A social empowerment intervention to prevent intimate partner violence against women in a microfinance scheme in Tanzania: findings from the MAISHA cluster randomised controlled trial

Saidi Kapiga, Sheila Harvey, Gerry Mshana, Christian Holm Hansen, Grace J Mtolela, Flora Madaha, Ramadhan Hashim, Imma Kapinga, Neema Mosha, Tanya Abramsky, Shelley Lees, Charlotte Watts The Lancet Global Health, 2019; MAISHA social empowerment RCT findings

Globally, about 30% of women have experienced physical or sexual violence, or both, from an intimate partner during their lifetime. Associations between poverty and women's increased risk of intimate partner violence have been observed. STRIVE consortium members, the Mwanza Intervention Trials Unit (MITU) and the London School of Hygiene & Tropical Medicine, assessed the effect of a violence prevention intervention delivered to women participating in a group-based microfinance scheme in Tanzania. The cluster randomised trial found that:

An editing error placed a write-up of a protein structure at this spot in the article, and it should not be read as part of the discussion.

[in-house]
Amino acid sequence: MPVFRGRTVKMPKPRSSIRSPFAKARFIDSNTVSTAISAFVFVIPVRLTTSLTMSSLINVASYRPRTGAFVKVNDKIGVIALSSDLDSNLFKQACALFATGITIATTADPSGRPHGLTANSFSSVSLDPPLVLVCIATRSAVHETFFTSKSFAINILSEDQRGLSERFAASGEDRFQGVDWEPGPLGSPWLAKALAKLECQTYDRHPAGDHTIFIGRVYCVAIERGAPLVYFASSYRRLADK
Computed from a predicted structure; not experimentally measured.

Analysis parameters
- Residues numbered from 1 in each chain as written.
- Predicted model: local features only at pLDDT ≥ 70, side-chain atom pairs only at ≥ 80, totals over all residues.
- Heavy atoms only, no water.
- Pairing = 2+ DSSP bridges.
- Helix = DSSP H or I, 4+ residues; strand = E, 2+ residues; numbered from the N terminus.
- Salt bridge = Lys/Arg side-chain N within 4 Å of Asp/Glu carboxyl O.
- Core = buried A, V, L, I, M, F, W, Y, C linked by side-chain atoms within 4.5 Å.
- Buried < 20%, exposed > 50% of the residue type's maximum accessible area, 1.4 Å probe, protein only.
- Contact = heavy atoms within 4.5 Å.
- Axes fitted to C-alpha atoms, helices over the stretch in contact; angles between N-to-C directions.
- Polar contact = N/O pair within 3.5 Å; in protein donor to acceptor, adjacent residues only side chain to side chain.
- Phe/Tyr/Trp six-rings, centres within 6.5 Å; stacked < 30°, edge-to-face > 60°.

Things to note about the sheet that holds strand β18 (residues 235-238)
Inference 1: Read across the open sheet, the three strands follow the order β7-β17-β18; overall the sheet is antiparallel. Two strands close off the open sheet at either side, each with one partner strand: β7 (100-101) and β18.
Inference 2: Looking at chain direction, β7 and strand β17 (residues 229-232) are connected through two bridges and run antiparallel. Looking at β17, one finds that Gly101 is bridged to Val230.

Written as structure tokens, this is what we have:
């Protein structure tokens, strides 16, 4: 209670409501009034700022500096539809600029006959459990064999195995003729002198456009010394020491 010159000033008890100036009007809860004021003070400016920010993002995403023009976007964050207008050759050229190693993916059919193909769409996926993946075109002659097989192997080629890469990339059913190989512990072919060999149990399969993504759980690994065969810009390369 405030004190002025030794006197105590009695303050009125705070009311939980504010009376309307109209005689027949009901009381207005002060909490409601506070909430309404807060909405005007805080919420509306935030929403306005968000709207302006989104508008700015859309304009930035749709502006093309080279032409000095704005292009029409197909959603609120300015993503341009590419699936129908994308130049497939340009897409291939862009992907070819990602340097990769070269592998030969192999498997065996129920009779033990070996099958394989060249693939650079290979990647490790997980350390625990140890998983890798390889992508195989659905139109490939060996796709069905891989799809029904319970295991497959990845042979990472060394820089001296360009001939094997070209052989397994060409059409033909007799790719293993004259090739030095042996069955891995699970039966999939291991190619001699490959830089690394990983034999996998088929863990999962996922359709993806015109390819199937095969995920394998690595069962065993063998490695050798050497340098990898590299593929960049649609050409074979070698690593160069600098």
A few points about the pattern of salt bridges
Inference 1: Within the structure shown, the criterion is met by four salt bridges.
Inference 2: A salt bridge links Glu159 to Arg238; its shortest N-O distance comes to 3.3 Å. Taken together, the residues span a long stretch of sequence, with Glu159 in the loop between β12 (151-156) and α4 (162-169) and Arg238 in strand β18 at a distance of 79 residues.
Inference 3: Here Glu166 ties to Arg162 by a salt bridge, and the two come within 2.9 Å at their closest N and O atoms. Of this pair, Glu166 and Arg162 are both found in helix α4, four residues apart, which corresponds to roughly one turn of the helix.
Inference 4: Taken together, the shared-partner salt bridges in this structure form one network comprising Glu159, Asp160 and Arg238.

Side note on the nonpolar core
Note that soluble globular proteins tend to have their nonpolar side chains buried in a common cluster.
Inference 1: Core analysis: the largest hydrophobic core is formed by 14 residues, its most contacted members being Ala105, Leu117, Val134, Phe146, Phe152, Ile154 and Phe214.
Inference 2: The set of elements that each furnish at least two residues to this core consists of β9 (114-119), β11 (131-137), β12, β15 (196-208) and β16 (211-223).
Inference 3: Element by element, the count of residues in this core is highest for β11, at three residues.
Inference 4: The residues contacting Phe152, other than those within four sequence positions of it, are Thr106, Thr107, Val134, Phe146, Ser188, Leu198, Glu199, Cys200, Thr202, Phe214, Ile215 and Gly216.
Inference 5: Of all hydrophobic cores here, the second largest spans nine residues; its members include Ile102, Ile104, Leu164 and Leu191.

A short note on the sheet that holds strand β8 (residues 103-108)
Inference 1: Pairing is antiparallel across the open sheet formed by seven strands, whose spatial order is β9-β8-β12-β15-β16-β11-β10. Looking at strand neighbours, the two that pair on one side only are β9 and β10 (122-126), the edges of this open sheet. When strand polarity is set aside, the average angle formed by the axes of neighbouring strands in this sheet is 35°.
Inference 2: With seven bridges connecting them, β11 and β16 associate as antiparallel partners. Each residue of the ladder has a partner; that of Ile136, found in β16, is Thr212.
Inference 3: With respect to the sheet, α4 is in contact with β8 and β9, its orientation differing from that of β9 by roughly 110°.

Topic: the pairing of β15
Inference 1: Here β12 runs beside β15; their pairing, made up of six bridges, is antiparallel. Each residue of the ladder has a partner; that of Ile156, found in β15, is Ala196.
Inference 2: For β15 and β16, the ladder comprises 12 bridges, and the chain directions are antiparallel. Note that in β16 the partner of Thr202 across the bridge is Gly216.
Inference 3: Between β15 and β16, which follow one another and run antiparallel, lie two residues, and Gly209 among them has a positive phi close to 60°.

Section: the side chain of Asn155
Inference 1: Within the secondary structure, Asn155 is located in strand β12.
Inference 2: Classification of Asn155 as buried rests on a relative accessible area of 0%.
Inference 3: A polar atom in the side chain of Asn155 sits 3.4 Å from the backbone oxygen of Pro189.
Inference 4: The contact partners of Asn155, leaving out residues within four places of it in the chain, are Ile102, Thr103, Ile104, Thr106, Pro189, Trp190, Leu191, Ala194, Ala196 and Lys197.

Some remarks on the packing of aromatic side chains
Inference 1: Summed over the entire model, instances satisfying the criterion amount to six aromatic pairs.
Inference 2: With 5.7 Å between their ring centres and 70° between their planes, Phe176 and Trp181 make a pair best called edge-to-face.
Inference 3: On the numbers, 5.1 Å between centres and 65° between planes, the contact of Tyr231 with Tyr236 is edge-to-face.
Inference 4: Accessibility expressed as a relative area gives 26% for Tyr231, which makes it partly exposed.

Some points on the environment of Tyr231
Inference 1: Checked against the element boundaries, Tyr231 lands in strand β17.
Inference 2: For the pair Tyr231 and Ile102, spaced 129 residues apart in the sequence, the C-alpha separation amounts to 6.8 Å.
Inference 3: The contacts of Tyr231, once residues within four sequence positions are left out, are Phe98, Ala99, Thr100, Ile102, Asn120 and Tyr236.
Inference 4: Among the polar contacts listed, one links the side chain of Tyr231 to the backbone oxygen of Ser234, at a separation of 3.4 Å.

• reported physical or sexual intimate partner violence, or both, was reduced among women who participated in the intervention arm
  • the effect was greater for physical intimate partner violence

The findings from the MAISHA study suggest that intimate partner violence is preventable in high-risk settings such as Tanzania.

For more information and a range of resources on MAISHA, see the project page.


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